Dear Congregation Kehillah and Friends,
Parashat Tzav contains instructions for the kohanim/priests on how to conduct the various types of offerings in the Temple and also describes the ordination of Aaron and his sons as the kohanim. It also references the eternal light (ner tamid), a fixture in every synagogue.
There is an interesting connection in Tzav with the upcoming festival of Passover in that the three matzot of the offering for thanksgiving (one type of offering) remind us of the three matzot at the Passover Seder (the thanksgiving offering was brought by an individual as an expression of thanks to God by someone who experienced any of four specific kinds of danger: a captive who was freed, a person who crossed the sea, a person who made it through the desert, or one who recovered from an illness.
Judaism is continually evolving, and prayer has replaced the offerings once brought to the Temple in Jerusalem. The Prophet Micah spoke of this most eloquently (as translated by Rabbi Yitz Greenberg):"With what shall I come before the Lord? ...with burnt offerings or with calves of a year old? ...will the Lord be pleased with thousands of rams... rivers of oil (libations)? ... God, has told you, man, what is good and what does God [really] ask of you? Only to do justly, offer covenantal love, and walk humbly with your God" (Micah 6:6-8).
D'var Acher/an additional teaching:
The Shabbat before Passover is known as Shabbat HaGadol (The Great Shabbat) in commemoration of the 'great miracle' that happened in Egypt on this day, heralding the Exodus from Egypt a few days later. Shabbat HaGadol customs include reading a portion of the haggadah (the section from "Avadim hayinu..." that tells the story of the Exodus) and a teaching by the rabbi from the bimah (one of the few during the year, and especially lengthy!) elaborating on the laws of Passover and their significance to help prepare the community for the festival.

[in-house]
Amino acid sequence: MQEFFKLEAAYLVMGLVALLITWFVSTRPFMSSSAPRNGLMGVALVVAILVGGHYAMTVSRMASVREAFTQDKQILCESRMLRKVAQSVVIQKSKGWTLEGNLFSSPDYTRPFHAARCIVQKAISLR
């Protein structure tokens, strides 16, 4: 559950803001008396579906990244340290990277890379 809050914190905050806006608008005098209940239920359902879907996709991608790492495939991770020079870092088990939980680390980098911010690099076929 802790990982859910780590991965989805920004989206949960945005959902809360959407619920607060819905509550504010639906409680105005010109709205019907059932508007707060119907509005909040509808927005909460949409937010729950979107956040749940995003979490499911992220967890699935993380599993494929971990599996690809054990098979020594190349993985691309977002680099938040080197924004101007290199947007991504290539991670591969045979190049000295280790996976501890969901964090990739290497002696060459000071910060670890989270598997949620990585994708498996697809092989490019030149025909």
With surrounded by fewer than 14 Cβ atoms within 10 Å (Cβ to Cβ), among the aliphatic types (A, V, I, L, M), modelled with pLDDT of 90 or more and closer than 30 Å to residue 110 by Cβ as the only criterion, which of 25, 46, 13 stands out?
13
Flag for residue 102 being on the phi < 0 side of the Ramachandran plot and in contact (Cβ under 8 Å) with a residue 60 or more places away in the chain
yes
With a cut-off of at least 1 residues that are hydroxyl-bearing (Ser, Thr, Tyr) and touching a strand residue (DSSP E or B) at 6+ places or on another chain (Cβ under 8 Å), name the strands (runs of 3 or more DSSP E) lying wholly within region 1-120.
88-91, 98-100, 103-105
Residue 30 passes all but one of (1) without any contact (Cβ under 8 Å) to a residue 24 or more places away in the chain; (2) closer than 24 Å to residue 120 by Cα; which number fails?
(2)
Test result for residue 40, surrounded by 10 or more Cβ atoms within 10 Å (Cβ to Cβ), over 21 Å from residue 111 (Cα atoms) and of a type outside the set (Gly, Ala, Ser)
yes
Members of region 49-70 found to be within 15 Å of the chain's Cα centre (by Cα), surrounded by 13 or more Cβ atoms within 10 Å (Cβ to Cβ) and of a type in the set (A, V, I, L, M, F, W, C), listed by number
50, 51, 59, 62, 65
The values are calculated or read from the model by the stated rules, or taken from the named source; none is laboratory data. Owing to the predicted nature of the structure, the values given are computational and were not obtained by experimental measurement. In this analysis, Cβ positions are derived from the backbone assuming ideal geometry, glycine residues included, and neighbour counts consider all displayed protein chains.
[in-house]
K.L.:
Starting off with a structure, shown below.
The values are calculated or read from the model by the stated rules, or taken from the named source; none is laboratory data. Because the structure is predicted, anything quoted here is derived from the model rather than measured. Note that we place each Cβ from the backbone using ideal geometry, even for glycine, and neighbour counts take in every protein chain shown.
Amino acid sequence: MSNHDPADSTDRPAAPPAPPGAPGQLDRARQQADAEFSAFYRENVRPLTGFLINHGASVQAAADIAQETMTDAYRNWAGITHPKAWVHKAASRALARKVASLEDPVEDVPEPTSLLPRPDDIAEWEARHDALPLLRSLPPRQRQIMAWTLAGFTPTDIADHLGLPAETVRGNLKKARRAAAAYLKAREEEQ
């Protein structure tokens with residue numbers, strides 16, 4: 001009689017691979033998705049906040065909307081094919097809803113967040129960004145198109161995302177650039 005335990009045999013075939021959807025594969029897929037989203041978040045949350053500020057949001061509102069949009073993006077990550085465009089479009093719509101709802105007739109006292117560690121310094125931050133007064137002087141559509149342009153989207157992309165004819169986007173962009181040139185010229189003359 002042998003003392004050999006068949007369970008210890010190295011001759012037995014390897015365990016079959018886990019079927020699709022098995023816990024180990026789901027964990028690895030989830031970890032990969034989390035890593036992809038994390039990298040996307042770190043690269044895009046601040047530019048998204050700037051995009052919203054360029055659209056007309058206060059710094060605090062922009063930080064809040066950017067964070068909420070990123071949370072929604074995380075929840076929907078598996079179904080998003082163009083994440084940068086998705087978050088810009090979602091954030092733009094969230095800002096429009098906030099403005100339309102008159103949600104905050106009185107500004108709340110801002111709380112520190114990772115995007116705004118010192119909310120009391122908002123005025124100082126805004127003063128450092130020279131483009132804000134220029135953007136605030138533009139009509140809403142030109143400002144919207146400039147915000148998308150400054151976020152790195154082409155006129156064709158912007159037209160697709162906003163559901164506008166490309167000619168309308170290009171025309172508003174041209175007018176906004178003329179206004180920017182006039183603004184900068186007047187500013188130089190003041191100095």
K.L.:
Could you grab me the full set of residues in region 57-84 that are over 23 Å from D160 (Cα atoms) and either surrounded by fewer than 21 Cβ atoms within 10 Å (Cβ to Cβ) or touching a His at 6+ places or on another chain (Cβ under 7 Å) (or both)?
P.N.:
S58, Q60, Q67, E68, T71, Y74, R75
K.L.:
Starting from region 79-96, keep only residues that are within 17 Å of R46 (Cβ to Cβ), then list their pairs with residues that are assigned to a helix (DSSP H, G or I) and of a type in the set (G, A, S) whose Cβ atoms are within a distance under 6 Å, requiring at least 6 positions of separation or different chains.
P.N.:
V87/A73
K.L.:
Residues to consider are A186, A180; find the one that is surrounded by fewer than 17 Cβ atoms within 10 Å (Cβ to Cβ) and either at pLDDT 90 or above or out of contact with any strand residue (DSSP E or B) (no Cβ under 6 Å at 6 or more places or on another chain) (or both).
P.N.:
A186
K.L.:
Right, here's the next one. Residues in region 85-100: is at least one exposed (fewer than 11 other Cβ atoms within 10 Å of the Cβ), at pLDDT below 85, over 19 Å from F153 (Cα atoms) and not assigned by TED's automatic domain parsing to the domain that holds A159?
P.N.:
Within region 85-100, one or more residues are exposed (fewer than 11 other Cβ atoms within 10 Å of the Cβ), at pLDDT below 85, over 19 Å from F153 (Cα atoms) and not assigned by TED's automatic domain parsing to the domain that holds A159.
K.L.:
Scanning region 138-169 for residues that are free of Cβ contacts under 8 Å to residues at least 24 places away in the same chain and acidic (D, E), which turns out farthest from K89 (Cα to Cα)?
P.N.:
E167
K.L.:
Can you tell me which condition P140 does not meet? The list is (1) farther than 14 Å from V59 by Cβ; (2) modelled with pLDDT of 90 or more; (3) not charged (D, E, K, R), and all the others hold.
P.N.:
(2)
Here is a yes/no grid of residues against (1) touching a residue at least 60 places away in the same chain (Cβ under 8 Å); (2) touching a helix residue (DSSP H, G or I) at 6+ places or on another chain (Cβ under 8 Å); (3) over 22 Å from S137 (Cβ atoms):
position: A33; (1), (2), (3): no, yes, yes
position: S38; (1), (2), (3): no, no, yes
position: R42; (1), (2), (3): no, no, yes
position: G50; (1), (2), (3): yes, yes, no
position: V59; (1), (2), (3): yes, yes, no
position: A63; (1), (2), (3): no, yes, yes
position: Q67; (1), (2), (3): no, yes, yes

As we go about our preparations for the seder, please take some time to think also about the 'chametz of the soul'...things that you want to purge from your life. This type of chametz includes baggage we carry from broken promises, failed relationships and personal disappointments...and messages such as 'I'm not good enough'. When we clean out this chametz, we free ourselves to move closer to our potential and Divine purpose.
The haftarah for this special Shabbat describes the results of our work in preparing for Pesach: I will surely open the floodgates of the sky for you and pour down blessings on you (Malachi 3:10).
Light Yom Tov Passover candles Saturday night after 7:22 p.m. (Make Havdalah first. The version for when Passover starts on a Saturday night is found in many haggadot...we don't go from 'kodesh l'chol' (from sacred to everyday) but from 'kodesh to kodesh' (sacred to sacred) so it's a bit different).
A kavannah for Shabbat Tzav-Shabbat HaGadol
Holy One, may my search for chametz, both the physical and the spiritual, shed great light - opening my heart and the hearts of those I love to more readily express and experience love and in so doing, draw down blessings on us all.
Rabbi Sharfman was asked, once again, to participate in a Podcast. This time the topic is about Passover. Here is the link to view the Podcast episode:
Rabbi Bonnie Sharfman